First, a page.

HaHa I have been watching a DVD by Chris Schwarz, man he is like a jackrabbit on steroids. He is all over the place, not good to watch.
Paul’s DVD, he is cool relaxed and just glides through the work, a pleasure to watch. I must add I have nothing against C S just his style is not for me. I enjoy watching Rob Cosman, but I cant stand the faff of David Charlesworth. Just personal choice
Chris Schwarz might be a couple of days younger than Paul or maybe it’s just the haircut…
It’s a luxury of our time enabling us to follow as many masters as we like.
“please still avoid controversial non-woodworking topics” 😉
My personal choice would be the Sellers ‘n Underhill School of Woodworking. All you need in one place 🙂
I enjoy working wood in Germany.
Hands behind the cutting edge is not his most important mantra 😉
He once learnt to be an actor that’s why he seems to be keyed-up all the time and also time is often an issue if he tries to show something very complexe in a matter of one episode. The woodwright is on purpose a mixture between the woodworking instructor Roy Underhill and the storyteller and historian temporarily playing the roles of the people he is talking about.
Roy would lead the people through Penrhyn Castle telling stories of times long ago and when it comes to how to accomplish the joinery he would say “I’m sure you can figure it out” and Paul would say: “No way, Roy – they can’t. Keep telling your stories while I teach them the accuracy they need!”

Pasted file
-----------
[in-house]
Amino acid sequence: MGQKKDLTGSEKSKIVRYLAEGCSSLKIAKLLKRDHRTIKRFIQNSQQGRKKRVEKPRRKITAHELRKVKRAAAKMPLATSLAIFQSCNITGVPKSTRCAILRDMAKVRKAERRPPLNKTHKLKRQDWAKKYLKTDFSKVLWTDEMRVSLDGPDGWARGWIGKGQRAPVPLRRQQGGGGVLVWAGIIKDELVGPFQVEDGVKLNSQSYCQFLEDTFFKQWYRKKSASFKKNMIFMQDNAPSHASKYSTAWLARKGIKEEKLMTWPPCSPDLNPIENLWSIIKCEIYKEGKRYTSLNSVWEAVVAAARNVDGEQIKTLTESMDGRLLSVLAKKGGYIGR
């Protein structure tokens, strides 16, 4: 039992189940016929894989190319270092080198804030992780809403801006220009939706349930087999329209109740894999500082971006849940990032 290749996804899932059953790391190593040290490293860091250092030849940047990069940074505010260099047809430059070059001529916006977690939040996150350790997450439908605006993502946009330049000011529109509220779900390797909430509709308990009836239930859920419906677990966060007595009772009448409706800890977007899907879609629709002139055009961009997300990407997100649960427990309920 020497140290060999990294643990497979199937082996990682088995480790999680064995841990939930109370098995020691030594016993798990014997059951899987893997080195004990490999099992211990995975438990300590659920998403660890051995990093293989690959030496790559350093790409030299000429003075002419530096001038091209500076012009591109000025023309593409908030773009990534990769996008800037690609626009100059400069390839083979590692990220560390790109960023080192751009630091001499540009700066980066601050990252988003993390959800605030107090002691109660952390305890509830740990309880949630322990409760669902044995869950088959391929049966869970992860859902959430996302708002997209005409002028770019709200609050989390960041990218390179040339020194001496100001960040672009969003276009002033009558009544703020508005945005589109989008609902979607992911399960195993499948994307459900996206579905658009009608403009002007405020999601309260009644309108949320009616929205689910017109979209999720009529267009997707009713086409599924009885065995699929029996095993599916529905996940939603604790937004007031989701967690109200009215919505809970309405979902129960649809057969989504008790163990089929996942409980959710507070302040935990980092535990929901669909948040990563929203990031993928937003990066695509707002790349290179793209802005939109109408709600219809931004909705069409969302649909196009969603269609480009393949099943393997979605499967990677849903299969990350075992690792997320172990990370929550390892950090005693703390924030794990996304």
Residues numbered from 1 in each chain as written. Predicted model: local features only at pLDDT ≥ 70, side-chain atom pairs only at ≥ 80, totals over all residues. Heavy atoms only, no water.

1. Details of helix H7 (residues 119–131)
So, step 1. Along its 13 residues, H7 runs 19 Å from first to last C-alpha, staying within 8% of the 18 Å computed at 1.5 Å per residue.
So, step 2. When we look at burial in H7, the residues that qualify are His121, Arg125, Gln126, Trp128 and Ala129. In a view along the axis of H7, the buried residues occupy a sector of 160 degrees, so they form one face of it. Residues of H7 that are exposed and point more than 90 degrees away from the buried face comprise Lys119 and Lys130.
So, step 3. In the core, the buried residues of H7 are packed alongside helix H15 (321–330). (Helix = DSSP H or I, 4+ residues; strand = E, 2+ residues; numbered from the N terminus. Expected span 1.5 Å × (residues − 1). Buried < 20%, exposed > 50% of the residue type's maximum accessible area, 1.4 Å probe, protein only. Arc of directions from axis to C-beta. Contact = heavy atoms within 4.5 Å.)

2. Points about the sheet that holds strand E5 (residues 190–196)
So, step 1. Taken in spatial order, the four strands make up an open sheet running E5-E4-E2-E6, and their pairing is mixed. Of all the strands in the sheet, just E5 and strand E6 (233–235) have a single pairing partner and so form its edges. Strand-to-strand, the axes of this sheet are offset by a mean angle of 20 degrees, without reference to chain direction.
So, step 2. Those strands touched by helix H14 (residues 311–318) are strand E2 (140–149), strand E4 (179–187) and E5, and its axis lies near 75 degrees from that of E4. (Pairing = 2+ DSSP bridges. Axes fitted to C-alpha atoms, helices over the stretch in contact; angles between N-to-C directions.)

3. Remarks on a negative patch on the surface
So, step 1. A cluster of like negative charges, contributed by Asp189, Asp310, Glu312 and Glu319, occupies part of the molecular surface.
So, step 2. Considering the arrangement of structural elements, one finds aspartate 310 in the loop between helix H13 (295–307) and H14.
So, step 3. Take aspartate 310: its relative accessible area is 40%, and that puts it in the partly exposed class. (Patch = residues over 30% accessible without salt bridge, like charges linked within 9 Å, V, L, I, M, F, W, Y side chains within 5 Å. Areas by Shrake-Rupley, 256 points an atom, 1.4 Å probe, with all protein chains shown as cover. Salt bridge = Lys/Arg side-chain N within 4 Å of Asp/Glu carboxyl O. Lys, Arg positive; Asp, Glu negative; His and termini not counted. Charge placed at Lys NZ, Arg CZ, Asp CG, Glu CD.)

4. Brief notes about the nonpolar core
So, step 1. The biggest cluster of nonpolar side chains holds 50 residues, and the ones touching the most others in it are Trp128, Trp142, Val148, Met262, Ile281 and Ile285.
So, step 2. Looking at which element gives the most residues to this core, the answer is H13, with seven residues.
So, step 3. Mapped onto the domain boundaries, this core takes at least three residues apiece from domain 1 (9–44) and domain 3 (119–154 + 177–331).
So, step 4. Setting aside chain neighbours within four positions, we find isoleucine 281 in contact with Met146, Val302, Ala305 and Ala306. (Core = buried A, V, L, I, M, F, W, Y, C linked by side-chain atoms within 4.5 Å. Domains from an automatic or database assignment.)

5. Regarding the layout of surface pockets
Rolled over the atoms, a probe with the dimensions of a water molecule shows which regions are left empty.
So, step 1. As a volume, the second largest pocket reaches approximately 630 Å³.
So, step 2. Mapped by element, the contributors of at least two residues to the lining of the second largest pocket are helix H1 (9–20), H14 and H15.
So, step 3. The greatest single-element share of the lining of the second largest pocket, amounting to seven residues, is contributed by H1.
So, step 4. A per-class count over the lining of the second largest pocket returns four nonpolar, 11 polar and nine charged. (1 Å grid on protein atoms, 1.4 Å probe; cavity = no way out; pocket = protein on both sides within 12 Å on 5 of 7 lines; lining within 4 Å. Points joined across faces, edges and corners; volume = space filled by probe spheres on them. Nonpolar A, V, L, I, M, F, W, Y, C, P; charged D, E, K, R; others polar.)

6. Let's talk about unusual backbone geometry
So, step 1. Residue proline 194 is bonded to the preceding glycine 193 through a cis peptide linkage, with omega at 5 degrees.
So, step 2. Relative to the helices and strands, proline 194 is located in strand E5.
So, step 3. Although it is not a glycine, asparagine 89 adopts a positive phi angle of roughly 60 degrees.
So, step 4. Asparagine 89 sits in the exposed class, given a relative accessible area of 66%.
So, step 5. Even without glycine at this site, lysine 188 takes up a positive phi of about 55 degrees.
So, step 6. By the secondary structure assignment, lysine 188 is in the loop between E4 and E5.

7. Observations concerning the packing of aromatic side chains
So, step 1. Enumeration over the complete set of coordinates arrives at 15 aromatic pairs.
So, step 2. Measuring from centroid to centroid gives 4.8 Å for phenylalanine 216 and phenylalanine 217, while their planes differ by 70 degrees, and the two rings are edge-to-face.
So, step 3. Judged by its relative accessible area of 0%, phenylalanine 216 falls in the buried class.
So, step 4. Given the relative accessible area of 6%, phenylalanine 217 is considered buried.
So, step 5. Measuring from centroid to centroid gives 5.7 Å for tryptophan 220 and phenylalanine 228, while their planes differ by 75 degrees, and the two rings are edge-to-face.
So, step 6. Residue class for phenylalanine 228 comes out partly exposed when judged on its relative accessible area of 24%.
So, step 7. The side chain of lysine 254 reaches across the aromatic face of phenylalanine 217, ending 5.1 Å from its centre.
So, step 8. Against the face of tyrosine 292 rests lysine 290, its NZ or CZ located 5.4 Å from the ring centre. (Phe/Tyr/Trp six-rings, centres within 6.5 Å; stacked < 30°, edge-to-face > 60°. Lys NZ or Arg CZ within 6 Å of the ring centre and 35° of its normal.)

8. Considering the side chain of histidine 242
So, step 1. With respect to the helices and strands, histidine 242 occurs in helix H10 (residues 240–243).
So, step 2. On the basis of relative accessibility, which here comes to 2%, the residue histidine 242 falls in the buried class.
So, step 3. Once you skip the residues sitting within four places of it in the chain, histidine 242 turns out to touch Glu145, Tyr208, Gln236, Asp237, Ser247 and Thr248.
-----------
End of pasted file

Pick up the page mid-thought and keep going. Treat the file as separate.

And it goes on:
Two great personalities. In my imagination they have to be friends. I hope they are 😉
I enjoy working wood in Germany.
Tommy McDonald (aka Tommy Mac) says, “Look at what I can do, let me show you how I did it”.
Paul Sellers says, “Look at what you can do, let me show you how to do it”.
By the way, I do enjoy watching Tommy’s program, Rough Cut, I am just noting the differences as I see them.
Good points everyone… Spot on.
Easy or hard to watch is a function of entertainment value in my humble opinion which I would rather get from a “very” good movie. I watch them for educational value and the only value I get from that is when I actually do what is being presented to see if I can learn anything. Otherwise, I am just watching a movie instead of being at the bench actually working wood. 🙂
And yes, I have watched Roy, David, Rob, Shannon, David Savage, Jeremy Broun and all of the favorite writers and video producers at Popular Woodworking, Fine Woodworking, Furniture & Cabinetmaker and all of the other magazines… See I am not being high and mighty or snobbish LOL 🙂 I just find that much of what is published is useless for me. I don’t use the 80/20 Rule. I call it the 95/5 Rule instead and I’d rather spend that 95% of the time developing my skills as sorry as they may be. 🙂
Paul, on the otherhand, as you regulars are all aware ( and that is why I am in this class too) presents simply and makes it practical so that you can use the knowledge immediately and over and over again.
Food for thought.
The title of this one had me a little worried. However, you guys are really good at sober discussion.
One quick point. This site is currently pretty much dedicated to featuring videos by Paul. So, the replies are likely to be biased in his favour. Just as the same discussion would be if it were held on Chris Schwarz’ site or Popular Woodworking.
Just so we don’t get too biased…Anonymous8 March 2013 at 4:49 pm #9026
I’ve read Chris Schwarz’s book and really enjoyed it. He’s got a great sense of humor and has a lot of great info in “The Anarchist’s Tool Chest”. For example, he’s got a pair of beautiful winding stocks he takes with him on the road. He lets people measure them, photograph them, ask him what they’re made of. When he gets back to his shop he puts them away and grabs two pieces of extruded aluminum angle he bought from the local store for $15. Why does he carry the pretty ones? They’re short enough to fit in his luggage. Why the aluminum? “They’re super accurate and butt-ugly.”